Thursday, August 21, 2008

How Safe Are Psychiatric Drugs?

In my last post, The Geography Of Mental Illness, I wondered whether genes play as strong a role in mental illness as pharmaceutical companies would have us believe. I mean, how did so many mental illness genes end up in Utah?

I wouldn't argue against the idea that a "chemical imbalance" is at the root of conditions that drugs are being prescribed to treat, conditions such as depression, anxiety, stress-related disorders, phobias, social anxiety disorder. I don't know. However, I would argue against the idea that drugs are the most effective treatment for most people. They certainly aren't the only treatment. Unfortunately, they're the first-line treatment in this country.

We don't even understand fully how these drugs work, or how safe they are, yet millions of Americans are taking them, billions of dollars are being pocketed by the sale of them.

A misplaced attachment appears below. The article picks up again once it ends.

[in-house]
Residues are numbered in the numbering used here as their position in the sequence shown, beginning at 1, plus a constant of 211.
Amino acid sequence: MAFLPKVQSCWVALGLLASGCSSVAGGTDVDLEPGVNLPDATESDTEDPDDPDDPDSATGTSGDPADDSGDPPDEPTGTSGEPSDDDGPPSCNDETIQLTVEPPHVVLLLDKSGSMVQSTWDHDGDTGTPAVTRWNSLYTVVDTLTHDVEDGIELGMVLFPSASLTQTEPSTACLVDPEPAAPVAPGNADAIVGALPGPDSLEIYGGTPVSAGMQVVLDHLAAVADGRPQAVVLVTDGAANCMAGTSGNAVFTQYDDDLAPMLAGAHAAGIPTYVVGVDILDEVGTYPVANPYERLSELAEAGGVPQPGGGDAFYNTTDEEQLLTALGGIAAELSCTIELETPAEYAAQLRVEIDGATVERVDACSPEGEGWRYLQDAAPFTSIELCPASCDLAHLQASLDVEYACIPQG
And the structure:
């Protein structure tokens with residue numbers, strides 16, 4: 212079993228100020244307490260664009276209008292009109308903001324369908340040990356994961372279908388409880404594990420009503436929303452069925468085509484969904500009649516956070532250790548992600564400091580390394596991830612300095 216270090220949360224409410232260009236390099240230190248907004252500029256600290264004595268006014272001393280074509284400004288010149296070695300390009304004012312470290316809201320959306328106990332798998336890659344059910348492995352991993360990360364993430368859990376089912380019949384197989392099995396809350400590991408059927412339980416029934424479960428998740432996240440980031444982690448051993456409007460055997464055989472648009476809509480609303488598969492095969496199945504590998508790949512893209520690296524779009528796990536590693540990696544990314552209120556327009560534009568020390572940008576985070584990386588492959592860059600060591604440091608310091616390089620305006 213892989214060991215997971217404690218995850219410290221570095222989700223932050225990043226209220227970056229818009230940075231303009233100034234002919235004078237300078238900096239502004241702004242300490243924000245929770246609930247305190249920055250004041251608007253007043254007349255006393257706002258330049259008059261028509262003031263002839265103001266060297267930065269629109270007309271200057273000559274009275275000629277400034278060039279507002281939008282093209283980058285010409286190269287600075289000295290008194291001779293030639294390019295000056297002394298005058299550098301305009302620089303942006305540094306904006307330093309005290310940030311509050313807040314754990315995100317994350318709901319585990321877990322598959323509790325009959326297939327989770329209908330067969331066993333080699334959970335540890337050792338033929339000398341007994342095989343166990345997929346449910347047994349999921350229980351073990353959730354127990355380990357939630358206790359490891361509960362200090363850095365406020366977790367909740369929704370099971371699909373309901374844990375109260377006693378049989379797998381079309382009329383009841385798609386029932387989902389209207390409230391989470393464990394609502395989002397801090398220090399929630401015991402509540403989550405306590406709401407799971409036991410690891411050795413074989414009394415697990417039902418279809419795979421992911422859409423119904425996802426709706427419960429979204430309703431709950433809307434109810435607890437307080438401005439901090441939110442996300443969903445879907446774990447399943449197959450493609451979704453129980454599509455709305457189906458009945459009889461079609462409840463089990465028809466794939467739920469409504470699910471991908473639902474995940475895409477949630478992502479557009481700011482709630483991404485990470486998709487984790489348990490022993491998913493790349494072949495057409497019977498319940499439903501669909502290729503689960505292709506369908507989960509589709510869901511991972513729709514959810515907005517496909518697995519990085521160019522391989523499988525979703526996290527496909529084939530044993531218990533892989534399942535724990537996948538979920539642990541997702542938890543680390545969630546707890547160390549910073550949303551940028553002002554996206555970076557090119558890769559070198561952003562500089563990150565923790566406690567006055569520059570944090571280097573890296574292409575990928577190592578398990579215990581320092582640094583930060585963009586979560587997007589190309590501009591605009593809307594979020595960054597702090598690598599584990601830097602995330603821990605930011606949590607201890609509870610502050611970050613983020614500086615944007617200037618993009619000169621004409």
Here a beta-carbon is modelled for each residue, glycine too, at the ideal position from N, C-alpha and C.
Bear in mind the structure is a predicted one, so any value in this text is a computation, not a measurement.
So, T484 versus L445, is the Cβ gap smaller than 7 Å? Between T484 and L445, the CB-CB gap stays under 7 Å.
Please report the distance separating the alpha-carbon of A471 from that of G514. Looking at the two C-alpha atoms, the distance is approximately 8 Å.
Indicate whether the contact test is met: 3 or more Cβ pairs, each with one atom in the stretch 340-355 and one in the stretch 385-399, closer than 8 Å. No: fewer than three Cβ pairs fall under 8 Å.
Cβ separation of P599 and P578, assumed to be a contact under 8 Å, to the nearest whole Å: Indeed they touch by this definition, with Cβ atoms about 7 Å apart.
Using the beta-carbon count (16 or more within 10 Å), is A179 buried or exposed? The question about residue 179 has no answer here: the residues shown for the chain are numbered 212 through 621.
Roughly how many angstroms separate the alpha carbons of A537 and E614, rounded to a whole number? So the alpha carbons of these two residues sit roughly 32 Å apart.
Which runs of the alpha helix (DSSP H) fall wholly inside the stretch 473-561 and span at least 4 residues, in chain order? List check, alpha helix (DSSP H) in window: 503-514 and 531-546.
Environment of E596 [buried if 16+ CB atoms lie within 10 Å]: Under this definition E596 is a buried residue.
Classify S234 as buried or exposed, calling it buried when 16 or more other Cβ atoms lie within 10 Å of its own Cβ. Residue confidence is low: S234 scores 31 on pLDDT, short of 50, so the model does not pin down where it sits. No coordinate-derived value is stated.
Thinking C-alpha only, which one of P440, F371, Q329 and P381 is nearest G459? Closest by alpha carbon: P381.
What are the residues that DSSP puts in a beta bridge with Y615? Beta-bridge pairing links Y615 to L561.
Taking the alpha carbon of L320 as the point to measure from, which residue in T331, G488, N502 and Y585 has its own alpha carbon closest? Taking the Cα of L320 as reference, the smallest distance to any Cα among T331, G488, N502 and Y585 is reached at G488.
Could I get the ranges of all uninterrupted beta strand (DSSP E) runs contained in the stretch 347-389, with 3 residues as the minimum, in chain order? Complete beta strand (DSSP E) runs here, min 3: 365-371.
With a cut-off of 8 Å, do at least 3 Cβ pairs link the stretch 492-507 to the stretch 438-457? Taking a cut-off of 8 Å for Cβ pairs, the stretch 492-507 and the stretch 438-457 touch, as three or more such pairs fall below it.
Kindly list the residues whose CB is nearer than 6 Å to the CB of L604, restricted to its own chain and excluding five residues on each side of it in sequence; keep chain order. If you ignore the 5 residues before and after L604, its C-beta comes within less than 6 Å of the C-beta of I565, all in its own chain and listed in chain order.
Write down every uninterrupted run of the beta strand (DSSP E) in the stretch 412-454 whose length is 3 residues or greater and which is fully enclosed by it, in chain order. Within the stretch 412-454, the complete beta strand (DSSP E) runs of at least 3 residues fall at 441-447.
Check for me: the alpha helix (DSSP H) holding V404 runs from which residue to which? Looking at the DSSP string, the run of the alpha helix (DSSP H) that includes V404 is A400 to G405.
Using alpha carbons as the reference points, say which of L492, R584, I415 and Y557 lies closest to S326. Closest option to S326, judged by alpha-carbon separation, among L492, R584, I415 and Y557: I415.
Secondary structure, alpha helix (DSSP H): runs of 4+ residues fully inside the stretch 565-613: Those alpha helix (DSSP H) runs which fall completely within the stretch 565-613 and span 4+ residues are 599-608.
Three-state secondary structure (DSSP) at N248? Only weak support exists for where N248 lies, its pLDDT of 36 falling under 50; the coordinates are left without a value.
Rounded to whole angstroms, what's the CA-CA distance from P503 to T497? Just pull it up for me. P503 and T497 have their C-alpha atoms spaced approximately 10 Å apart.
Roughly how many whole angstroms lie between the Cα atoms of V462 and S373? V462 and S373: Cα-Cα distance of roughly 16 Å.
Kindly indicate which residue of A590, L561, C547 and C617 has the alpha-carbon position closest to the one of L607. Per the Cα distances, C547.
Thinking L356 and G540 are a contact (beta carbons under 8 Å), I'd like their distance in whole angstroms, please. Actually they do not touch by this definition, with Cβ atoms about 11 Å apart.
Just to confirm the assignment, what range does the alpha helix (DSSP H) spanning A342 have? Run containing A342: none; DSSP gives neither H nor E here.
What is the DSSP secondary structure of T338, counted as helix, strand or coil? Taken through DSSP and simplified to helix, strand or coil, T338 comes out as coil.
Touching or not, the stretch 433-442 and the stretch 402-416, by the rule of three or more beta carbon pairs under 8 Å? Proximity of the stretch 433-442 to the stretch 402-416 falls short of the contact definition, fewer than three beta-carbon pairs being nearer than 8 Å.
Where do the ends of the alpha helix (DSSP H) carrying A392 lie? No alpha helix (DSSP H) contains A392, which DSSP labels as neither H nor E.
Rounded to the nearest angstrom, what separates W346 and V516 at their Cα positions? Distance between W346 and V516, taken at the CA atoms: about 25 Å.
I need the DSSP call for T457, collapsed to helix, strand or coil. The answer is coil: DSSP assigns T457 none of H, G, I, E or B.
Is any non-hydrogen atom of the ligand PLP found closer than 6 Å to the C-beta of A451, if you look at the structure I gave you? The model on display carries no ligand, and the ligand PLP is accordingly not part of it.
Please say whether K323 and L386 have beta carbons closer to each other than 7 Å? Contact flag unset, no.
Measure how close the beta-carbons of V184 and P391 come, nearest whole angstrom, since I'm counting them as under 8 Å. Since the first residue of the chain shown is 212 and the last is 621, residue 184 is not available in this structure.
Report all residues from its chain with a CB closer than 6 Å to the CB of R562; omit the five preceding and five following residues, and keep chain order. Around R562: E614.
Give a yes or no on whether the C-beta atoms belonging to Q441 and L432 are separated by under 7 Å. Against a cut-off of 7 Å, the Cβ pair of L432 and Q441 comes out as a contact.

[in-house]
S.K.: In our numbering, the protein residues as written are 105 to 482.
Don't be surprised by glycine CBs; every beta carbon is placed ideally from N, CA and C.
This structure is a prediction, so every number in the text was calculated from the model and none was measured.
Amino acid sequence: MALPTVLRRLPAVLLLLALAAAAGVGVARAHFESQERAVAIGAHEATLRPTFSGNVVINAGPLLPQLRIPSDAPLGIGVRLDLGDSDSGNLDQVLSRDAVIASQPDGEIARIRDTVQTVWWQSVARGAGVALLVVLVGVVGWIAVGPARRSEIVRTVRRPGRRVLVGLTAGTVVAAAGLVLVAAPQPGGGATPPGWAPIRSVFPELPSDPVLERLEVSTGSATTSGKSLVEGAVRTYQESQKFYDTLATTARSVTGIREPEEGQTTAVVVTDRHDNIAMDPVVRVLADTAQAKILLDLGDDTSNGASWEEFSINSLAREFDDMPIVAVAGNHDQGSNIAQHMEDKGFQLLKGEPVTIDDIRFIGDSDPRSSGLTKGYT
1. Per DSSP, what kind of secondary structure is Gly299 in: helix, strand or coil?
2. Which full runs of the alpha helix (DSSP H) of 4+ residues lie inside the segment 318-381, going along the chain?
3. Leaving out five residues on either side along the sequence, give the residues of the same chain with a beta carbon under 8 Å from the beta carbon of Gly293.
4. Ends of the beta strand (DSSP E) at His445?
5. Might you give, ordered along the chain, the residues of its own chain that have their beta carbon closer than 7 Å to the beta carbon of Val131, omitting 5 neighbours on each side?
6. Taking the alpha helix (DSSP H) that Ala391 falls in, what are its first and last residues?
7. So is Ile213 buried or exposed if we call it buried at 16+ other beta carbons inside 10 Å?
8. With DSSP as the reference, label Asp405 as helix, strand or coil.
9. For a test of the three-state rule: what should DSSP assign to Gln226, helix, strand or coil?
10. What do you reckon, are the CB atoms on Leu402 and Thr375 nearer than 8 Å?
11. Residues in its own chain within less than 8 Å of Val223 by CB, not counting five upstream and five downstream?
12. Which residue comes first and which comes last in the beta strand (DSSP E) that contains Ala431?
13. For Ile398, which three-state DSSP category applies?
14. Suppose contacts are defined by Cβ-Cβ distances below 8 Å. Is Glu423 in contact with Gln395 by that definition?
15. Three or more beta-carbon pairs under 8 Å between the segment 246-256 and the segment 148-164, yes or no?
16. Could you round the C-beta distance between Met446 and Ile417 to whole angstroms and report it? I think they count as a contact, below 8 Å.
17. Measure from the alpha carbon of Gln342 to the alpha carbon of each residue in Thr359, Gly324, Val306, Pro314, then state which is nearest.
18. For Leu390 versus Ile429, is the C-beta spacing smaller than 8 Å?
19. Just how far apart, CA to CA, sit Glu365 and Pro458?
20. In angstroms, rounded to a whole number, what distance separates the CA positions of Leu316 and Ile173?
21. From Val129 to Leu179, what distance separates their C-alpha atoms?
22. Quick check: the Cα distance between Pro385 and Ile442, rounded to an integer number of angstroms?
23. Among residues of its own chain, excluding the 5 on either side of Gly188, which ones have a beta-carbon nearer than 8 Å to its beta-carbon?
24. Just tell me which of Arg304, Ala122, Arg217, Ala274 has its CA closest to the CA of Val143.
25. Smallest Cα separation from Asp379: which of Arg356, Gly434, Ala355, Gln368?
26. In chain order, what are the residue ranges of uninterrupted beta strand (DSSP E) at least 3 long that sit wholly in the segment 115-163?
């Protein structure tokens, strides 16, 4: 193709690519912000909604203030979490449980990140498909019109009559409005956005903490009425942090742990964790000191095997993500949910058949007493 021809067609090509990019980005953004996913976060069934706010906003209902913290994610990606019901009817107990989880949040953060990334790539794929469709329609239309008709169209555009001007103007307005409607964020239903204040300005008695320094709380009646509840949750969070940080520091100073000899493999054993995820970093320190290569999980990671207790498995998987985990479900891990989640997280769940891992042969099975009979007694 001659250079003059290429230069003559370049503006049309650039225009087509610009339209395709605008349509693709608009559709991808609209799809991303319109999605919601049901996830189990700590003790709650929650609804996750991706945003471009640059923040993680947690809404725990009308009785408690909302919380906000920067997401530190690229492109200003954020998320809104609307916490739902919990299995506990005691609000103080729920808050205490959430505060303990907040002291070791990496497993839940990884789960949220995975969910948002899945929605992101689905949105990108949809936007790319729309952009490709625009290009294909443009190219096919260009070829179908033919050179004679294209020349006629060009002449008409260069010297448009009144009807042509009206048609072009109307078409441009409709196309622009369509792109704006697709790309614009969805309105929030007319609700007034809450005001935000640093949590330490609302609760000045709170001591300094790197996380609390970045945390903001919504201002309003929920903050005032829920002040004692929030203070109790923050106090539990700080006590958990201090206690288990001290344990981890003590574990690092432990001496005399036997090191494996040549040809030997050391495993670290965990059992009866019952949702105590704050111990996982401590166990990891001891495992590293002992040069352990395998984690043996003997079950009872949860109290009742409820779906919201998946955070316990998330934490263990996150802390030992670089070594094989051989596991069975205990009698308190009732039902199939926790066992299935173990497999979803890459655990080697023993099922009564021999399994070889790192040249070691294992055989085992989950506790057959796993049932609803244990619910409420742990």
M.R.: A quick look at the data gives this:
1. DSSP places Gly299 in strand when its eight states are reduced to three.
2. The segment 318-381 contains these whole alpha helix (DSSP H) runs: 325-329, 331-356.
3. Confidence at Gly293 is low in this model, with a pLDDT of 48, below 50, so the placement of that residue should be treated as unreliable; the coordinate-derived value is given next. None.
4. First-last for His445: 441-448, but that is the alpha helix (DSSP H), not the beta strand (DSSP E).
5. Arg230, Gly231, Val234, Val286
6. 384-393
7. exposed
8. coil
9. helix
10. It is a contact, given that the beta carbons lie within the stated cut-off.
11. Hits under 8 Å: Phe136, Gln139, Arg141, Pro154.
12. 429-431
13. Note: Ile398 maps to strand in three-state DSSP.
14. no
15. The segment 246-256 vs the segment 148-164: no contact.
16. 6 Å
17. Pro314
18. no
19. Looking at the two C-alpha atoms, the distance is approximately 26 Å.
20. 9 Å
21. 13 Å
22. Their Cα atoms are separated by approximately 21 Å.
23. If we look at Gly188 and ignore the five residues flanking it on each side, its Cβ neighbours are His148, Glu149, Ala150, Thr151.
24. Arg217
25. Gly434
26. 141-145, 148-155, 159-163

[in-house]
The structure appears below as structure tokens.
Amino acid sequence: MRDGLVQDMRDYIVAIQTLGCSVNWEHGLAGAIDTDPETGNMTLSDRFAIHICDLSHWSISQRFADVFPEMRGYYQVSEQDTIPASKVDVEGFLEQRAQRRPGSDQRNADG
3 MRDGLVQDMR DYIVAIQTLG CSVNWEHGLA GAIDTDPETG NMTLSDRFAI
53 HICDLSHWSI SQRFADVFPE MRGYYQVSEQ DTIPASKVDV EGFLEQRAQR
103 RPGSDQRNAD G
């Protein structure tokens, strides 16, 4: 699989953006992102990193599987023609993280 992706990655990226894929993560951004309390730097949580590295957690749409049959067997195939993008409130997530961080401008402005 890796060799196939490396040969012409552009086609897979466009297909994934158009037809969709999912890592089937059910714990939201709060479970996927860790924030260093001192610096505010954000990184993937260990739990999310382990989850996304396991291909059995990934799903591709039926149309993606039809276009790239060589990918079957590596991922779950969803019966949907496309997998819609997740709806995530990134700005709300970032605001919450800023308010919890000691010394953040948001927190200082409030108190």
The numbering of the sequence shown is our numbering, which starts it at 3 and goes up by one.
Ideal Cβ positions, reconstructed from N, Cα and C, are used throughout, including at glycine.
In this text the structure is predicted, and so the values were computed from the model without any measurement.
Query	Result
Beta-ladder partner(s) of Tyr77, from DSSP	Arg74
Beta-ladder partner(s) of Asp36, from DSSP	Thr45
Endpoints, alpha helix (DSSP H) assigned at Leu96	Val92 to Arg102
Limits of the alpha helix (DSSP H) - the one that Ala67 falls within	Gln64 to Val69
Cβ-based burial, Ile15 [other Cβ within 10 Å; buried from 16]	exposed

Take one class of antidepressants, the Selective Serotonin Reuptake Inhibitors (SSRIs):
"While serotonin has something to do with depression, the relationship is not a simple nor a well-understood one. ... While the SSRIs do indeed act on serotonin regulation in the brain, allowing the neurotransmitter to linger a little longer in the synapses, the changes that the drug ultimately exerts on the brain are entirely unclear. As an indicator of how little we know, it is striking that one of the more popular antidepressants in Europe, tianeptine, is a serotonin reuptake enhancer - it has the opposite effect of the SSRIs, allowing less serotonin to flow between the synapses."
- Charles Barber, Comfortably Numb: How Psychiatry Is Medicating a Nation
In an earlier post, I noted that the dependence and withdrawal problems associated with SSRIs are only now coming into mainstream discussion; that their addictive qualities may in fact, as David Healy put it, be greater than "any psychotropic drug ever."

Update: See my next post for an alternative (or adjunct) to psychiatric drugs.

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